When using spectra lines kite fishers using dropper rigs will reduce the work the kite has to do to tow the rig out and keep the line clear of the water by two thirds. This is because the superbraid has only one third of the windage and weight of conventional monofilament or dacron fishing lines. Light wind performance is greatly enhanced.

Spectra braid is also kinder to fishing reels as it only has a stretch factor of around 1% while nylon can have a stretch factor of up to 30% (even dacron fishing line has a 10% stretch factor). Spectra is often called no stretch fishing line, superline, super braid fishing line or spiderwire to reflect it’s small fishing line diameter to strength ratio and low stretch.

When using more conventional fishing methods, such as deepwater fishing from boats for bass, hapuka and bluenose or other deepwater species. Unlike nylon fishing lines, bites can easily be felt even at great depths because of the incredibly low stretch of spectra and its ability to transfer every detail of the bite instantly to the angler.

It also works the other way round, those jigging in very deep water can easily impart real action to the jig or lure even at depths down to 200 metres and beyond. Obviously when the angler strikes, the strike is instantly and positively transmitted to the point of the hook ensuring maximum penetration and fewer missed strikes.

Probably the biggest benefit to deepwater rod and reel fishers is the spectra physics that come into play. Because it is so thin for it’s breaking strain you will only need a third of the amount of lead weight to hold the bottom in deep water or strong currents compared to those who use nylon fishing lines.

Thursday, July 16, 2009

Catch and release

Although most anglers keep their catch for consumption, catch and release fishing is increasingly practiced, especially by fly anglers. The general principle is that releasing fish allows them to survive, thus avoiding unintended depletion of the population. For species such as marlin and muskellunge but, also, among few bass anglers, there is a cultural taboo against killing fish for food. In many parts of the world, size limits apply to certain species, meaning fish below a certain size must, by law, be released. It is generally believed that larger fish have a greater breeding potential. Some fisheries have a slot limit that allows the taking of smaller and larger fish, but requiring that intermediate sized fish be released. It is generally accepted that this management approach will help the fishery create a number of large, trophy-sized fish. In smaller fisheries that are heavily fished, catch and release is the only way to ensure that catchable fish will be available from year to year.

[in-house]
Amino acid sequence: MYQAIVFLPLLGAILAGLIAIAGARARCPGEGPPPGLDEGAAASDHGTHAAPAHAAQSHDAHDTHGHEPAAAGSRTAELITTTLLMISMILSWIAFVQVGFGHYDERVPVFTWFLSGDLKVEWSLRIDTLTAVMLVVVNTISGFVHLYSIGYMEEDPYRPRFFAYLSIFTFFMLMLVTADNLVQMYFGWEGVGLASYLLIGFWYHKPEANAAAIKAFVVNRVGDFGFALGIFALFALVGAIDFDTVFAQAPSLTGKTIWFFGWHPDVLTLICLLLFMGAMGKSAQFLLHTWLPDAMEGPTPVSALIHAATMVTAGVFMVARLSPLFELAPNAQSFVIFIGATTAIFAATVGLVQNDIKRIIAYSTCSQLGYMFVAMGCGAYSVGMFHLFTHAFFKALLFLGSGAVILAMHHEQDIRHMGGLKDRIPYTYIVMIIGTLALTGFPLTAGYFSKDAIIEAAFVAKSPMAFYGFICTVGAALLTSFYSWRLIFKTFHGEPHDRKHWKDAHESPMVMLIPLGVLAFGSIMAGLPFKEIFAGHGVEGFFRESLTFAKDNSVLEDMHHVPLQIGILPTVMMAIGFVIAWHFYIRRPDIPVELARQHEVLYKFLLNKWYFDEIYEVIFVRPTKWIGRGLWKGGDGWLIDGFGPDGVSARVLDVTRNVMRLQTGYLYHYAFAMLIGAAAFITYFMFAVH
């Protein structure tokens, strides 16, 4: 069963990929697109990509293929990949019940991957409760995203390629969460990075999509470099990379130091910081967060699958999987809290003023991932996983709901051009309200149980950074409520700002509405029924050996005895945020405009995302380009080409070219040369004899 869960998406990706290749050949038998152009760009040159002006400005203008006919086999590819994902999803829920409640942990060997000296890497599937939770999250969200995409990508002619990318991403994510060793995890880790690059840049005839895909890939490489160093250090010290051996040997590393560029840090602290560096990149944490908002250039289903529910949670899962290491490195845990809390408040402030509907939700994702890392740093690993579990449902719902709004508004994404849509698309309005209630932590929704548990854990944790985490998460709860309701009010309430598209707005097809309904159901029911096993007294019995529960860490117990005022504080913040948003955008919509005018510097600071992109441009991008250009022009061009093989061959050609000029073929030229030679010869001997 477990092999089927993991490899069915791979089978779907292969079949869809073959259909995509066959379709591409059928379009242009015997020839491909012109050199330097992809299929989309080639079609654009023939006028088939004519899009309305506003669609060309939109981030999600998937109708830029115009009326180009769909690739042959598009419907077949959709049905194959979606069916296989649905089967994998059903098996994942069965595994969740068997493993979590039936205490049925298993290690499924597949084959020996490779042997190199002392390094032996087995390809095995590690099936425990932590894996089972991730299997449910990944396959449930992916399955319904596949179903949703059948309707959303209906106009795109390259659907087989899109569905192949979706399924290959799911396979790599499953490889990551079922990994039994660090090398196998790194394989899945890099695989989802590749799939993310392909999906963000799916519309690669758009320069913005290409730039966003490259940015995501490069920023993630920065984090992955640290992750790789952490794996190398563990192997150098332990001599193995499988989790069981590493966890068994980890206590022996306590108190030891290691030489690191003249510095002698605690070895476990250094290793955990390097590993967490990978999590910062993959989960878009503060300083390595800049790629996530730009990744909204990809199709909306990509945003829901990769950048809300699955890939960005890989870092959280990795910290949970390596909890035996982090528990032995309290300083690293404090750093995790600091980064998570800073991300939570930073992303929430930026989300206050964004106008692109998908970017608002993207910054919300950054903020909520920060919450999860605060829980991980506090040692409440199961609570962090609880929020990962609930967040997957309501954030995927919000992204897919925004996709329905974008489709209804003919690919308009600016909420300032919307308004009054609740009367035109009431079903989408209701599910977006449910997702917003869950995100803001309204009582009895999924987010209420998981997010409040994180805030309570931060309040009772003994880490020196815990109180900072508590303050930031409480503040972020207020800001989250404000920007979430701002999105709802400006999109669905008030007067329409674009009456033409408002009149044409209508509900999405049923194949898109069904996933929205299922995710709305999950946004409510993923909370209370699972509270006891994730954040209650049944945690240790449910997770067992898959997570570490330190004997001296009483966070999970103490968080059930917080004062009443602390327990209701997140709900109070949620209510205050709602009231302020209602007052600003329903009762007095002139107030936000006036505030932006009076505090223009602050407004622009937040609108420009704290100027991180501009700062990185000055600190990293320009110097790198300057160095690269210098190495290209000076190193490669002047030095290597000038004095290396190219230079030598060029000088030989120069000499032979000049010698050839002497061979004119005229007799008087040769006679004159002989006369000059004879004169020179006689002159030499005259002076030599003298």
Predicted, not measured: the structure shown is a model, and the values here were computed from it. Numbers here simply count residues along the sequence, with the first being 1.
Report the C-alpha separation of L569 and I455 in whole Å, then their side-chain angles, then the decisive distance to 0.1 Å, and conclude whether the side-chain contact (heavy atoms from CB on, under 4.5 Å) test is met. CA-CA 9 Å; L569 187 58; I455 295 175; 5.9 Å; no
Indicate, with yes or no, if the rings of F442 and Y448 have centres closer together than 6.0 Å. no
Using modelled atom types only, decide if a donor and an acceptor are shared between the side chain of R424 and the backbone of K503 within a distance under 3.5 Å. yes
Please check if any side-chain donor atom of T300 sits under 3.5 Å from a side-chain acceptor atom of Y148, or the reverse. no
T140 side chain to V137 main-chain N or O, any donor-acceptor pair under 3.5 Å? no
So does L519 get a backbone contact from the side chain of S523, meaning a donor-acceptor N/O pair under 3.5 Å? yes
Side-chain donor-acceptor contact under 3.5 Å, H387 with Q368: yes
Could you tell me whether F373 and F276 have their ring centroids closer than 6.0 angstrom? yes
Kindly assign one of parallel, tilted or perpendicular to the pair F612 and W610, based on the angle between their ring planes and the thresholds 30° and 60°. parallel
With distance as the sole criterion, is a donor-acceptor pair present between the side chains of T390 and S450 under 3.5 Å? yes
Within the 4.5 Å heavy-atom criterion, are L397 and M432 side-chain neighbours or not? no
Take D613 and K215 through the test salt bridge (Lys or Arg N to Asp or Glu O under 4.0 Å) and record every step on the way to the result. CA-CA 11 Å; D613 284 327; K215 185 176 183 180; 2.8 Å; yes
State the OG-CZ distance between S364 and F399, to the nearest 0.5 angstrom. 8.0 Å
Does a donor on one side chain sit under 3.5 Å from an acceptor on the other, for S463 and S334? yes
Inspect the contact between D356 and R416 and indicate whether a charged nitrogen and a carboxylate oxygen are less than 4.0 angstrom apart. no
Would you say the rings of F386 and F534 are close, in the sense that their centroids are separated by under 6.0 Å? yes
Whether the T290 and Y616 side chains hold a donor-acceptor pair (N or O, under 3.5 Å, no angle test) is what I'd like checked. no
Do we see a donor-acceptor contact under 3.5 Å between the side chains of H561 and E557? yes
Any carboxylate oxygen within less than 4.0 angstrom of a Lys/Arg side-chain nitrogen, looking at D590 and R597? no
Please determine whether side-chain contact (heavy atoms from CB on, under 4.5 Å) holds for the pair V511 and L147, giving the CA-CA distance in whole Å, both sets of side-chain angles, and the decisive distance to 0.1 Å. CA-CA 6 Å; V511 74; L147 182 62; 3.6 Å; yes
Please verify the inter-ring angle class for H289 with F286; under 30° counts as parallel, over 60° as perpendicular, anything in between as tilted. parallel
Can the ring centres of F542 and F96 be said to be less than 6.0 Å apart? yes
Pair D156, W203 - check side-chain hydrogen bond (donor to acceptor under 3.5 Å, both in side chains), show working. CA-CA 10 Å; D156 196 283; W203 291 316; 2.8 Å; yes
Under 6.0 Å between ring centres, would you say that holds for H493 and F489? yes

Removing the hook from a Bonito
The practice of catch and release is criticised by some who consider it unethical to inflict pain upon a fish for purposes of sport. Some of those who object to releasing fish do not object to killing fish for food. Adherents of catch and release dispute this charge, pointing out that fish commonly feed on hard and spiky prey items, and as such can be expected to have tough mouths, and also that some fish will re-take a lure they have just been hooked on, a behaviour that is unlikely if hooking were painful. Opponents of catch and release fishing would find it preferable to ban or to severely restrict angling. On the other hand, proponents state that catch-and-release is necessary for many fisheries to remain sustainable, is a practice that that generally has high survival rates, and consider the banning of angling as not reasonable or necessary.[2]
In some jurisdictions, in the Canadian province of Manitoba, for example, catch and release is mandatory for some species such as brook trout. Many of the jurisdictions which mandate the live release of sport fish also require the use of artificial lures and barbless hooks to minimise the chance of injury to fish. Mandatory catch and release also exists in the Republic of Ireland where it was introduced as a conservation measure to prevent the decline of Atlantic salmon stocks on some rivers.[3] In Switzerland, catch and release fishing is considered inhumane and was banned in September 2008.[4]
Barbless hooks, which can be created from a standard hook by removing the barb with pliers or can be bought, are sometimes resisted by anglers because they believe that increased escapement results. Barbless hooks reduce handling time, thereby increasing survival. Concentrating on keeping the line taut while fighting fish, using recurved point or "triple grip" style hooks on lures, and equipping lures that do not have them with split rings can significantly reduce escapement.